It may look similar to the t100 but the new entry-level Bonneville is fresh from the ground up, including a new 900cc motor brimming with torque. Is this the must-have retro of 2016?
It has been around since the late 50s, the Bonneville, Triumph’s parallel twin-cylinder motorcycle named after the company’s streamliner which set a world speed record at the Utah salt flats in 1956. After years of success with the Bonneville the company folded and was resurrected by John Bloor with machines packing three-cylinder engines. The Bonneville made a comeback in 2001 as a retro twin. A few minor updates followed, capacity of the parallel twin growing from 790cc to 865cc in 2005, and scoring fuel injection in 2009.
Now Triumph has done a total reboot, the new Street Twin the first (and the baby) of a family of five fresh Bonnevilles. New frame, new engine and new old look. The price is old too. At $15,990 it is precisely $290 more than the ask for the T100 in 2009. But for your money you get a different and a better machine. Back then it had nothing in the way of electronics, just “essence of motorcycling”. Now it feels much the same, but gets the safety electronics (TC and ABS) as standard.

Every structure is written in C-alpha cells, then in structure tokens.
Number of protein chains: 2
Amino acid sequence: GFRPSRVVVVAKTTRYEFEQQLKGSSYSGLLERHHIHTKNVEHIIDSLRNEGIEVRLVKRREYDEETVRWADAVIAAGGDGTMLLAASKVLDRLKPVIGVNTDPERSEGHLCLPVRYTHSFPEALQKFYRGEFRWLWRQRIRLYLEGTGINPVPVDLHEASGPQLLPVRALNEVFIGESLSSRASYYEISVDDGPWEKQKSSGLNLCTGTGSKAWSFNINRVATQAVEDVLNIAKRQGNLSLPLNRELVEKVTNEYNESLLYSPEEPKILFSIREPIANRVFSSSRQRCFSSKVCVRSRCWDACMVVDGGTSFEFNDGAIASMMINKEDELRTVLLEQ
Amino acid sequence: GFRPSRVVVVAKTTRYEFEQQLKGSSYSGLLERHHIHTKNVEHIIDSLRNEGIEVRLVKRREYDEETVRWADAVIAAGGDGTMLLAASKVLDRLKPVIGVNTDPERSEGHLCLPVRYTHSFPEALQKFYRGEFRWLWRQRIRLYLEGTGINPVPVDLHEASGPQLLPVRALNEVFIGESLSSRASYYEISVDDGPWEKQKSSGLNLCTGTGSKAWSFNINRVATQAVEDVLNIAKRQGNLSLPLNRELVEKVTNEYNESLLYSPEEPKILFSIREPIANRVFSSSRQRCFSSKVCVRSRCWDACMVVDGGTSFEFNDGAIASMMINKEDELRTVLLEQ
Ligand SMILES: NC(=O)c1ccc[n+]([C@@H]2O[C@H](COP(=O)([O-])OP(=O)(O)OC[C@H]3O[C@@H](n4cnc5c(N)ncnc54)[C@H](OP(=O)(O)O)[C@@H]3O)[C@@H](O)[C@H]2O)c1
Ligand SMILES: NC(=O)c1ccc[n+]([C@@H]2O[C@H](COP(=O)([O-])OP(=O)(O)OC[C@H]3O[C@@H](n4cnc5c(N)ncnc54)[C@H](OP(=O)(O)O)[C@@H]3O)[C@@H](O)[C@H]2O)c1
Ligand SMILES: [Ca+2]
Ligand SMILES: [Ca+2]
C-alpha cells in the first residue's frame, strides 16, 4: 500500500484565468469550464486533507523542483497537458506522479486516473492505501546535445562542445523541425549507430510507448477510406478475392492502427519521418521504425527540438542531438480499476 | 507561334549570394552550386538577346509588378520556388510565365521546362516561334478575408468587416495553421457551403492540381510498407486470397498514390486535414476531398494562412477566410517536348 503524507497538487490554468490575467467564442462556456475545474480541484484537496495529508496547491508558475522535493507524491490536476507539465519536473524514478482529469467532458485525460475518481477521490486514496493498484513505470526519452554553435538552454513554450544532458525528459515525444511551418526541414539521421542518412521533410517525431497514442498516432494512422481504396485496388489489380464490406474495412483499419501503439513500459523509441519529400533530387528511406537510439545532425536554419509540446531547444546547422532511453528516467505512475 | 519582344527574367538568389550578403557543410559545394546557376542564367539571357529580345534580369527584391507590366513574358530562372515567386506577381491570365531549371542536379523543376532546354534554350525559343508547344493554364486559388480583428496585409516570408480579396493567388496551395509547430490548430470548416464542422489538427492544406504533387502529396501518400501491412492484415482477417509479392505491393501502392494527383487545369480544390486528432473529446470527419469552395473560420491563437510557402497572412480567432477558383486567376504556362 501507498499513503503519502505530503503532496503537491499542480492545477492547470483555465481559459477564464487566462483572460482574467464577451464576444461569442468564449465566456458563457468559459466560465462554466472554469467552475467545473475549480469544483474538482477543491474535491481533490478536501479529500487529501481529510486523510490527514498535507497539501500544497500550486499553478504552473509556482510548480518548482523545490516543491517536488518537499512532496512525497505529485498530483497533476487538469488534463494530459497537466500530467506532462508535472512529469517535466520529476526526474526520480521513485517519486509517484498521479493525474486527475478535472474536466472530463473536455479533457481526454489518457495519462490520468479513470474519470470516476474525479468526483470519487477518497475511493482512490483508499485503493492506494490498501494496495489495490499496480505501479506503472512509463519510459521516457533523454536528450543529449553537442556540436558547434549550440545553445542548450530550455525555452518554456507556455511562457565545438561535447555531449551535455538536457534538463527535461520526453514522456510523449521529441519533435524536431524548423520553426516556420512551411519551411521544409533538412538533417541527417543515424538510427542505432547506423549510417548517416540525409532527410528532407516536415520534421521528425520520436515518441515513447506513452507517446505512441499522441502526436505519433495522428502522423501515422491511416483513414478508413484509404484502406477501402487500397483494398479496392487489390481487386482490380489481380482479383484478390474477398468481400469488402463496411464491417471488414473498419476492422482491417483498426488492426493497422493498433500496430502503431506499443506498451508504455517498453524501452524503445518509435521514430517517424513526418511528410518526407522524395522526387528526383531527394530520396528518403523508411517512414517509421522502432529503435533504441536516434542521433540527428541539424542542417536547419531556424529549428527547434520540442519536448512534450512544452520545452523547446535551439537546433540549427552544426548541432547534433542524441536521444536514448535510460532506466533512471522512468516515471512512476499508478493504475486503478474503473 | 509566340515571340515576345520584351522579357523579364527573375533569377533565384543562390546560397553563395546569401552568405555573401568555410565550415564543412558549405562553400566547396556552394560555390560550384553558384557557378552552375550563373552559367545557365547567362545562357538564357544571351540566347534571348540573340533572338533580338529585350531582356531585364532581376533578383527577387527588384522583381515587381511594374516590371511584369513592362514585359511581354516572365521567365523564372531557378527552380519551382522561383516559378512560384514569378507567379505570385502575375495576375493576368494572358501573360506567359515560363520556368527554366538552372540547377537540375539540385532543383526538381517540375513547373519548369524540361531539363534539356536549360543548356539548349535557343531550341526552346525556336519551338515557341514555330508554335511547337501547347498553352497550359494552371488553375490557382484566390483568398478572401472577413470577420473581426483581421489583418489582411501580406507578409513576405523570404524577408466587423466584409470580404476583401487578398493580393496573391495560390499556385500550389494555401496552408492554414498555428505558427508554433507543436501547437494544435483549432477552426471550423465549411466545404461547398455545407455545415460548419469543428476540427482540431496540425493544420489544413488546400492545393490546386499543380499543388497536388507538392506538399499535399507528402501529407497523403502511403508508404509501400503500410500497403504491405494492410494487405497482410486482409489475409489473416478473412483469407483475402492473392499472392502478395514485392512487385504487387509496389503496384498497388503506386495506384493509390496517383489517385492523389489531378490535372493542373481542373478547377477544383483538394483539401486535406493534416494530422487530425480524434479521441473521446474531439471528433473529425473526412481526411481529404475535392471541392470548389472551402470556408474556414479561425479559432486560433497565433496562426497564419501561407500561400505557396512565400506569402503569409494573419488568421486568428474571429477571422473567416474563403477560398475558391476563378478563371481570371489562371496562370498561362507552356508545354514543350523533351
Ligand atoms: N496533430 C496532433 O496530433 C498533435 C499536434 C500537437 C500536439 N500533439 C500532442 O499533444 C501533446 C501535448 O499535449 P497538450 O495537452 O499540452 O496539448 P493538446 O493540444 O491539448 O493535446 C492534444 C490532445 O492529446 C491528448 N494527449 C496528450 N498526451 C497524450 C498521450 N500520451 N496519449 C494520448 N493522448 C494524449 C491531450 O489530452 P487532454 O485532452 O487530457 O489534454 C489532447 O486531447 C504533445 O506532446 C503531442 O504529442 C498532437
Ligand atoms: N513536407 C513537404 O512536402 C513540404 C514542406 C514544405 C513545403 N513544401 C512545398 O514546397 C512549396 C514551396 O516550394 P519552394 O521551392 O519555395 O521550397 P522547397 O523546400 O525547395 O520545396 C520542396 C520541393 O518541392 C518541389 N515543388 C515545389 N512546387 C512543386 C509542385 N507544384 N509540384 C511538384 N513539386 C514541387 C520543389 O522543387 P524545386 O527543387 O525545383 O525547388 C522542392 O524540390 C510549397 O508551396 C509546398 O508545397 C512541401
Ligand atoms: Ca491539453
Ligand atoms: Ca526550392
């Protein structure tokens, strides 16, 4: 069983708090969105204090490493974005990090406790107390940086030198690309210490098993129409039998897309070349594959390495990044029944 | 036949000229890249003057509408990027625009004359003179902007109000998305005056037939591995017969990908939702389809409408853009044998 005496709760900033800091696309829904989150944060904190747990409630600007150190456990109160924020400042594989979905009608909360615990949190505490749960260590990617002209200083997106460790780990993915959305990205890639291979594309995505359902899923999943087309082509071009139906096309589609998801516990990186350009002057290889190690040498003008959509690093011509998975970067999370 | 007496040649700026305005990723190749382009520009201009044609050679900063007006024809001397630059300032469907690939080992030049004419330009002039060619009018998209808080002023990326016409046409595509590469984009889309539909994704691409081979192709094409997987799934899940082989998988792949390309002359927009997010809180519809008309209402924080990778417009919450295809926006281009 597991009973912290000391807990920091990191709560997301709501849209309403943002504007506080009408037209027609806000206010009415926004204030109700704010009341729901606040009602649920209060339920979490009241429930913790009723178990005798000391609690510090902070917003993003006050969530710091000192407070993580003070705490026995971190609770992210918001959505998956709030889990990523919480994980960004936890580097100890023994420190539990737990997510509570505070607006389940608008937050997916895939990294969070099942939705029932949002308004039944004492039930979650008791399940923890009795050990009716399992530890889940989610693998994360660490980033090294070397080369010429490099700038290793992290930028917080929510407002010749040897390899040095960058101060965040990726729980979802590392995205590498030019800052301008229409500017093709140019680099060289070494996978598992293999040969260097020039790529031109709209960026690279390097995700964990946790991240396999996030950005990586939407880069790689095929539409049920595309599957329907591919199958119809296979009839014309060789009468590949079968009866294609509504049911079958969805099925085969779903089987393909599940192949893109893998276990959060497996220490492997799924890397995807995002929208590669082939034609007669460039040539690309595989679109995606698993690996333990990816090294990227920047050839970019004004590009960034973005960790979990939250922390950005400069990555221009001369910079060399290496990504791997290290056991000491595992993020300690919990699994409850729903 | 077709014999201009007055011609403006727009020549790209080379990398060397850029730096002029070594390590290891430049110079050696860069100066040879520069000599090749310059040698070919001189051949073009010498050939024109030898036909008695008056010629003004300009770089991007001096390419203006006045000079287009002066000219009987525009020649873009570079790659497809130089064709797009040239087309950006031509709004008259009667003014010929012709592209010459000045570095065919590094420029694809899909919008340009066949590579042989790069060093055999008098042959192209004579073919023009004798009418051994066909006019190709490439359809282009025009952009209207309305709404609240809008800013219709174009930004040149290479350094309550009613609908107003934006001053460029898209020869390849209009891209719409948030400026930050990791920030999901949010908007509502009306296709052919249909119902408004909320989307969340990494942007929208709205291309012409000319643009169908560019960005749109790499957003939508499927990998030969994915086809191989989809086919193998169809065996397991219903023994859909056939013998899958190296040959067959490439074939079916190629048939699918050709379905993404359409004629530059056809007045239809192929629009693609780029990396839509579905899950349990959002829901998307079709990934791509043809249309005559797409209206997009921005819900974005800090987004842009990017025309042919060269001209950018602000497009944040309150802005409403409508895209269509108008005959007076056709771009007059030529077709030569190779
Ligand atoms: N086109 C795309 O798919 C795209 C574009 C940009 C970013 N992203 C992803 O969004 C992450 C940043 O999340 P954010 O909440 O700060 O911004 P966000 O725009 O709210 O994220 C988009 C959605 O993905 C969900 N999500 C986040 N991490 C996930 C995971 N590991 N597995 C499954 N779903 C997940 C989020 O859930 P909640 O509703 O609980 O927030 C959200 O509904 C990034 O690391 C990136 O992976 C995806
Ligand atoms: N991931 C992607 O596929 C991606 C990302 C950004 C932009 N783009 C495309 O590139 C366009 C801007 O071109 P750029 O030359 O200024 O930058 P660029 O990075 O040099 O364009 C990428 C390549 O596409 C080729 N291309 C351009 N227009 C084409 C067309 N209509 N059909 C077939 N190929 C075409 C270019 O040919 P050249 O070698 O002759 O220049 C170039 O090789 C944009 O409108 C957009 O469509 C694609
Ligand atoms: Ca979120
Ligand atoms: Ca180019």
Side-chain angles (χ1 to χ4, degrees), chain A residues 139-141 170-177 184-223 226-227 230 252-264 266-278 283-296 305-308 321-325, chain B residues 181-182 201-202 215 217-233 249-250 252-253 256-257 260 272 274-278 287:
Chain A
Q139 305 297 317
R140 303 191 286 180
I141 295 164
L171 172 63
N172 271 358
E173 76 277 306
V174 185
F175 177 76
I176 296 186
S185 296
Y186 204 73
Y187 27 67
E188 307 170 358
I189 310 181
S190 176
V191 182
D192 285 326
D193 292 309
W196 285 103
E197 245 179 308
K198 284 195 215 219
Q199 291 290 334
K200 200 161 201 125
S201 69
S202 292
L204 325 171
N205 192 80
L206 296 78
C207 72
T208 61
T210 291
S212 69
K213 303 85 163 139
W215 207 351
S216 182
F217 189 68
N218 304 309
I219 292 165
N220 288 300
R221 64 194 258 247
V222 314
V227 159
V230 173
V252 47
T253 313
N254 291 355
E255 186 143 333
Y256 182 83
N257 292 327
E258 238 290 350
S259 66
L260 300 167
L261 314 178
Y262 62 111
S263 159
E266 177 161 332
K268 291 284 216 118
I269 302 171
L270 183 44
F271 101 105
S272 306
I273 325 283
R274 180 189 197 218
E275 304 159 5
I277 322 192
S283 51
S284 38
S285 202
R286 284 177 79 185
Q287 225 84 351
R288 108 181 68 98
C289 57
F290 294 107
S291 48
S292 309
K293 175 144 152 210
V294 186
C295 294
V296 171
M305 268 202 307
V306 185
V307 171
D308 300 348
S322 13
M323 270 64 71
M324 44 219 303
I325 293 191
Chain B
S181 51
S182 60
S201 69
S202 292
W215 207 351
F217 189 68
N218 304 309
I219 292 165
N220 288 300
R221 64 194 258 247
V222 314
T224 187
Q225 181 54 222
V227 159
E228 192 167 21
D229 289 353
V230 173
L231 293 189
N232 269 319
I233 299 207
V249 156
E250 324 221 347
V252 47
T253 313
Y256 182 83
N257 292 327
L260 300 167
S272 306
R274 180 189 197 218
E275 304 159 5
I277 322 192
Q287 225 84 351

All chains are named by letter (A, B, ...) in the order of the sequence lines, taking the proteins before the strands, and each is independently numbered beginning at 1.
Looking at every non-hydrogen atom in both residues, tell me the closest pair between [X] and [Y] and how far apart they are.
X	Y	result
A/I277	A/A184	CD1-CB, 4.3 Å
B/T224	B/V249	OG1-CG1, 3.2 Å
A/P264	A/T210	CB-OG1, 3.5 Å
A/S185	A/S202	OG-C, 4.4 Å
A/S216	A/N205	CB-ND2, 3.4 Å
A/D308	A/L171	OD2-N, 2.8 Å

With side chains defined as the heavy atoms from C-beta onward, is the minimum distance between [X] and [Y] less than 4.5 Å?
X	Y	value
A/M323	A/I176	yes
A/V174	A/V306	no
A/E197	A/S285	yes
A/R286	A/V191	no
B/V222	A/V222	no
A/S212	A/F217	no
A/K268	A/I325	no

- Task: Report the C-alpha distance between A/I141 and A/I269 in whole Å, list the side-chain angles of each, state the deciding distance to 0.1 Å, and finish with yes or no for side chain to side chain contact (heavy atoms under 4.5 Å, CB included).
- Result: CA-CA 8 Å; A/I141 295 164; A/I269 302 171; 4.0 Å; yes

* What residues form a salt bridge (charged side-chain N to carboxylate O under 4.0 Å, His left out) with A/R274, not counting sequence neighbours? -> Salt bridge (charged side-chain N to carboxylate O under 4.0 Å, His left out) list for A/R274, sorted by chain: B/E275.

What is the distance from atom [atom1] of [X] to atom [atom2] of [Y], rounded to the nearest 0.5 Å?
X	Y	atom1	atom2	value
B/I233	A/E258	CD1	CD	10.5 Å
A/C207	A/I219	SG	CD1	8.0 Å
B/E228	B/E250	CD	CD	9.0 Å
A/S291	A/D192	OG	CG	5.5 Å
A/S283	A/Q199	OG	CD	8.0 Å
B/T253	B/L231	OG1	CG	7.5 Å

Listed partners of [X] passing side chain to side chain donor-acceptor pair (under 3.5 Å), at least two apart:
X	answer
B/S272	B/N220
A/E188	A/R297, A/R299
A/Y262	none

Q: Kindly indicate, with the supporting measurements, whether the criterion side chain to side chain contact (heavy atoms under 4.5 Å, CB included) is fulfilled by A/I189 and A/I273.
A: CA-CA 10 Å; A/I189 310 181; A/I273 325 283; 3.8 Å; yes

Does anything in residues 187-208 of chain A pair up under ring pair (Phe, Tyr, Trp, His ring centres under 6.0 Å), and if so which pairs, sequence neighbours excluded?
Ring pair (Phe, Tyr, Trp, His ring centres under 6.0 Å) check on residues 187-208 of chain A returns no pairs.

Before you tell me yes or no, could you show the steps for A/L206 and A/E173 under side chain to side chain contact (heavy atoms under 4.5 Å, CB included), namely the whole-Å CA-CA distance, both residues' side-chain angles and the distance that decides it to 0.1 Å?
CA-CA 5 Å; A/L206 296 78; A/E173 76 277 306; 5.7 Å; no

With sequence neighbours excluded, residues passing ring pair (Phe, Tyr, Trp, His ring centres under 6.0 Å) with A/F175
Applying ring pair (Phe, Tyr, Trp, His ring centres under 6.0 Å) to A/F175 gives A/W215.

For 2016 pretty much everything is new except the styling, which of course is also new but it’s merely another take on what the bike looked like originally. The basics appear similar even if it is all new. The engine is still the centrepiece, even if it is now watercooled (not that you’d notice), and the chain is still unfashionably on the right side. Even the name is new, Triumph hoping to cash in on the popularity and prowess of one of the best middleweights ever, the Street Triple, by calling its Bonnie baby the Street Twin. Sounds fast huh, especially with those sweet Vance and Hines pipes. Er, not exactly but then that’s not the point, is it? The old one went well at 100 (kays) and so does the new one because that’s more or less where it’s creating peak torque.